'will expire by 2050'
is running out of room and resources. Modern man has plundered
so much, a damning report claims this week, that outer
space will have to be colonised
ecosystems have declined 55% in 30 years
Townsend and Jason Burke
Sunday July 7, 2002
Earth's population will be forced to colonise
two planets within 50 years if natural resources continue
to be exploited at the current rate, according to a report
out this week.
by the World Wildlife Fund (WWF), to be released on Tuesday,
warns that the human race is plundering the planet at
a pace that outstrips its capacity to support life.
In a damning
condemnation of Western society's high consumption levels,
it adds that the extra planets (the equivalent size of
Earth) will be required by the year 2050 as existing resources
based on scientific data from across the world, reveals
that more than a third of the natural world has been destroyed
by humans over the past three decades.
image of the need for mankind to colonise space as a stark
illustration of the problems facing Earth, the report
warns that either consumption rates are dramatically and
rapidly lowered or the planet will no longer be able to
sustain its growing population.
say that seas will become emptied of fish while forests
- which absorb carbon dioxide emissions - are completely
destroyed and freshwater supplies become scarce and polluted.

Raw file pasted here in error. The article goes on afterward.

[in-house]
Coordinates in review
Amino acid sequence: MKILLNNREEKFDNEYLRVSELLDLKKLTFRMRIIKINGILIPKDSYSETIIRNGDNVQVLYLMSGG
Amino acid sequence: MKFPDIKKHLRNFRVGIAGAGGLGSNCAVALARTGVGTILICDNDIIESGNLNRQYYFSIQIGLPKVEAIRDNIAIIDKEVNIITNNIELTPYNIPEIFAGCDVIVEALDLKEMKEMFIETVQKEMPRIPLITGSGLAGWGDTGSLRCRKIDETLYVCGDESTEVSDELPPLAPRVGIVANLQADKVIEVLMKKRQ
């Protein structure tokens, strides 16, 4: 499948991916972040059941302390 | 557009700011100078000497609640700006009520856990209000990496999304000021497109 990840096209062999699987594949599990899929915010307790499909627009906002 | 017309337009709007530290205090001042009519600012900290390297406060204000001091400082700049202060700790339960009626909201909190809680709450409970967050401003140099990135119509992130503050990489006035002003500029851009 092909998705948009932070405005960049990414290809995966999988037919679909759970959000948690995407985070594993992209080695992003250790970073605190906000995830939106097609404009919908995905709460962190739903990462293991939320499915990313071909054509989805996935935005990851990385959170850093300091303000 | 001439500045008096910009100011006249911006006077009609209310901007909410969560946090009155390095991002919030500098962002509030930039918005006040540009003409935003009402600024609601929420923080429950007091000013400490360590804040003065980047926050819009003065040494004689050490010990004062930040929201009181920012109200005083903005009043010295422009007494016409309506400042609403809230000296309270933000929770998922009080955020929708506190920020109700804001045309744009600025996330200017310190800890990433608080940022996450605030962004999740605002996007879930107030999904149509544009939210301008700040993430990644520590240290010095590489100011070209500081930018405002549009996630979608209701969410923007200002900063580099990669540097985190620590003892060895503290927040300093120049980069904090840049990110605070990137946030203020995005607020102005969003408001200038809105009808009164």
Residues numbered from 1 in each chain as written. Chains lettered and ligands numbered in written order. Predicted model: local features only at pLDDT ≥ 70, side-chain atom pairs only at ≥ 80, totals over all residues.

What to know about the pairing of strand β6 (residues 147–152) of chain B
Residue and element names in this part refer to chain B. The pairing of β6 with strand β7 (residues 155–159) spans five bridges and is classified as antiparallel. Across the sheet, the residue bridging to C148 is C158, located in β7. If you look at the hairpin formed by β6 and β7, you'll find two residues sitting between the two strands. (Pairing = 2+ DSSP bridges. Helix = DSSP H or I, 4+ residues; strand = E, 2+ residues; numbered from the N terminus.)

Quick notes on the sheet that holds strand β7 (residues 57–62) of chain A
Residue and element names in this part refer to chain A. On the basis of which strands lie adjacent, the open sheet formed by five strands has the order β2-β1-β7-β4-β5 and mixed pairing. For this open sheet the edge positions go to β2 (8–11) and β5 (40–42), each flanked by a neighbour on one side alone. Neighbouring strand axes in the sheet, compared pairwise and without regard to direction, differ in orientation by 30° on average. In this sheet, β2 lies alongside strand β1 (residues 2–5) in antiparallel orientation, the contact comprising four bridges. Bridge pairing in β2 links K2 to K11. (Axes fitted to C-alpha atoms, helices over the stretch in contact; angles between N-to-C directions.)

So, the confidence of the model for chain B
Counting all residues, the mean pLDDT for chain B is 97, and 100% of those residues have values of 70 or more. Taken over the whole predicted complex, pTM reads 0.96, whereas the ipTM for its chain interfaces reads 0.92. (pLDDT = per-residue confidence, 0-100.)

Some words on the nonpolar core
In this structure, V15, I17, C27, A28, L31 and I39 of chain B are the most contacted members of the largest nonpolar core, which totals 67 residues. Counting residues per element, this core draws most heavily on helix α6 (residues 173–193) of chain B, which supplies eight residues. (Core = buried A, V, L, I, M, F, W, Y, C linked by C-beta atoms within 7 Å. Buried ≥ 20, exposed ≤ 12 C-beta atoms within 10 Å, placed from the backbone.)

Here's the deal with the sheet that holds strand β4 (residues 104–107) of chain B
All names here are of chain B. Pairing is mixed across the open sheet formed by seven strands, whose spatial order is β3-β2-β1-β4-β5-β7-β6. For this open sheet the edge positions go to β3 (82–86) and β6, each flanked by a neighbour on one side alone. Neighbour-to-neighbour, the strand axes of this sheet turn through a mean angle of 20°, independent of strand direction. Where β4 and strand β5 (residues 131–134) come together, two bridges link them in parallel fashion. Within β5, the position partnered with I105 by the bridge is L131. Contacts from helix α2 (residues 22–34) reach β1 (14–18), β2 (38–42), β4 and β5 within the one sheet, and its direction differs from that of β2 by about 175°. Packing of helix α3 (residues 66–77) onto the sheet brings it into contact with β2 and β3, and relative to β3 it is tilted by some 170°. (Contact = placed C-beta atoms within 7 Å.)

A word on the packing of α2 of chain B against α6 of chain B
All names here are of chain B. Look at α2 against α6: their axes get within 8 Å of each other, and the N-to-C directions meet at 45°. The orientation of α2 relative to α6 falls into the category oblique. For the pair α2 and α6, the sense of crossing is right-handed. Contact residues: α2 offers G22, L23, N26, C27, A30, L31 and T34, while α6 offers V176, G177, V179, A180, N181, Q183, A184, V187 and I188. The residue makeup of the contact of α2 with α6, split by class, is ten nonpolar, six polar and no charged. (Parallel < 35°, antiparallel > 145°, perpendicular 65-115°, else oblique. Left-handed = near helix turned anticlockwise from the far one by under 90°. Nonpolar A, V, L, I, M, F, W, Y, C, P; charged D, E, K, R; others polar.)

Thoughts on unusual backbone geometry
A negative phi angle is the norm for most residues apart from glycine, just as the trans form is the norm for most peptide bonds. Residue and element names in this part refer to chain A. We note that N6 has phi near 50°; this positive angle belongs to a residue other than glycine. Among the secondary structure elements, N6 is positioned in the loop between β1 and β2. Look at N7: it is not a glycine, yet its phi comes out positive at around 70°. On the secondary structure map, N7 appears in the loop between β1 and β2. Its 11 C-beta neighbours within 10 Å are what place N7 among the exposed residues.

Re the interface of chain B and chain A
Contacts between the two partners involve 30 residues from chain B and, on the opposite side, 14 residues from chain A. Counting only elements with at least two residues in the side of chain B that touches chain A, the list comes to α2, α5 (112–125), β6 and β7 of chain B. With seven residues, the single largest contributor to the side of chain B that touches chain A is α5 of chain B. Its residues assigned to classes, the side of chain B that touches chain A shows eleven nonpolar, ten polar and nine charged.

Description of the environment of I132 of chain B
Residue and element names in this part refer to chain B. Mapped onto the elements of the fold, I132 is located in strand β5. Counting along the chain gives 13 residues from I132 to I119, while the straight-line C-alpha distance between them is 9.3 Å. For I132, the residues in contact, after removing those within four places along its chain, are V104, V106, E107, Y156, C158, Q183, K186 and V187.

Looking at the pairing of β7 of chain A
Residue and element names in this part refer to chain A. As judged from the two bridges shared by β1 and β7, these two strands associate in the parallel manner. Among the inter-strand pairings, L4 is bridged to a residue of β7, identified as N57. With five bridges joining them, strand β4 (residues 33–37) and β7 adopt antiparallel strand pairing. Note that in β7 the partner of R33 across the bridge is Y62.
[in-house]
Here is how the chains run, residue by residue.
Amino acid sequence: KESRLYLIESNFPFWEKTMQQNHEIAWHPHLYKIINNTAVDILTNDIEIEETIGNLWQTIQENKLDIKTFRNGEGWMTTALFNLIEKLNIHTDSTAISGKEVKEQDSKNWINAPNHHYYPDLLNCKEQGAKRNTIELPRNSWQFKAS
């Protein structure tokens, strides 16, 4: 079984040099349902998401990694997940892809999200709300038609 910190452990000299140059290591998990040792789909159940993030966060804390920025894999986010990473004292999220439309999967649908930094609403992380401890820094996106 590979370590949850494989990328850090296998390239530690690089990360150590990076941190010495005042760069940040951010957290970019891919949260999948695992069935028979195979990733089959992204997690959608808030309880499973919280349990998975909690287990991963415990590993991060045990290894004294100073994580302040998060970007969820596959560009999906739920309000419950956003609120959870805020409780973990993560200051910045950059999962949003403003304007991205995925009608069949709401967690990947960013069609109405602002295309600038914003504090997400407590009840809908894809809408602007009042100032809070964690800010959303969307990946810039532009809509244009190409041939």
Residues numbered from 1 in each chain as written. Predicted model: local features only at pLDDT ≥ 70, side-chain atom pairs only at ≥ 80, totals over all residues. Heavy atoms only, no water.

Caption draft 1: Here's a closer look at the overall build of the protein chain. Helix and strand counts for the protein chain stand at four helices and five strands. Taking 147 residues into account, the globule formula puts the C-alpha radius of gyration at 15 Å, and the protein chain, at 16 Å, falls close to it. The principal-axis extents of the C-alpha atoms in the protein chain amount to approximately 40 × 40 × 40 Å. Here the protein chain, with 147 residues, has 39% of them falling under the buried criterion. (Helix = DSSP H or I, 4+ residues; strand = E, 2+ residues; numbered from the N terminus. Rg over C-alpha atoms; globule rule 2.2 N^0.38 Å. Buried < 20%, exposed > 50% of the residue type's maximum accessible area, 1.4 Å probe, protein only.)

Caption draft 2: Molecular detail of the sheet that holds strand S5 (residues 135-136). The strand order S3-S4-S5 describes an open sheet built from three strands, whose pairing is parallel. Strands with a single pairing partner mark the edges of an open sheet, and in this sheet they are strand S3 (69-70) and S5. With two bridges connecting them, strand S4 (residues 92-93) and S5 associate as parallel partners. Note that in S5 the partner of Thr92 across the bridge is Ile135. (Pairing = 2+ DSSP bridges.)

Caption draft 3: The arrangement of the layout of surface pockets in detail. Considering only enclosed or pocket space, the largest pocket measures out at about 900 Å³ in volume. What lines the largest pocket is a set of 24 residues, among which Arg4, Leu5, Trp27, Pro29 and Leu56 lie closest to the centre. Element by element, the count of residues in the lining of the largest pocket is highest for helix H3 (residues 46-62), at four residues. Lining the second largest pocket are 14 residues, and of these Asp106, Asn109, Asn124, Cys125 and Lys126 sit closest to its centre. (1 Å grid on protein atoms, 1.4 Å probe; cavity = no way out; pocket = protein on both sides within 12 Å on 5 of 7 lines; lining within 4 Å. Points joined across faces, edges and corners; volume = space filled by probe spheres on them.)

offers a vivid warning that either people curb their extravagant
lifestyles or risk leaving the onus on scientists to locate
another planet that can sustain human life. Since this
is unlikely to happen, the only option is to cut consumption
overexploitation of the planet's oceans has meant the
North Atlantic's cod stocks have collapsed from an estimated
spawning stock of 264,000 tonnes in 1970 to under 60,000
will also reveal a sharp fall in the planet's ecosystems
between 1970 and 2002 with the Earth's forest cover shrinking
by about 12 per cent, the ocean's biodiversity by a third
and freshwater ecosystems in the region of 55 per cent.
Planet report uses an index to illustrate the shocking
level of deterioration in the world's forests as well
as marine and freshwater ecosystems. Using 1970 as a baseline
year and giving it a value of 100, the index has dropped
to a new low of around 65 in the space of a single generation.
It is not
just humans who are at risk. Scientists, who examined
data for 350 kinds of mammals, birds, reptiles and fish,
also found the numbers of many species have more than
Jenkins, senior adviser for the World Conservation Monitoring
Centre in Cambridge, which helped compile the report,
said: 'It seems things are getting worse faster than possibly
ever before. Never has one single species had such an
overwhelming influence. We are entering uncharted territory.'
from the centre reveal that black rhino numbers have fallen
from 65,000 in 1970 to around 3,100 now. Numbers of African
elephants have fallen from around 1.2 million in 1980
to just over half a million while the population of tigers
has fallen by 95 per cent during the past century.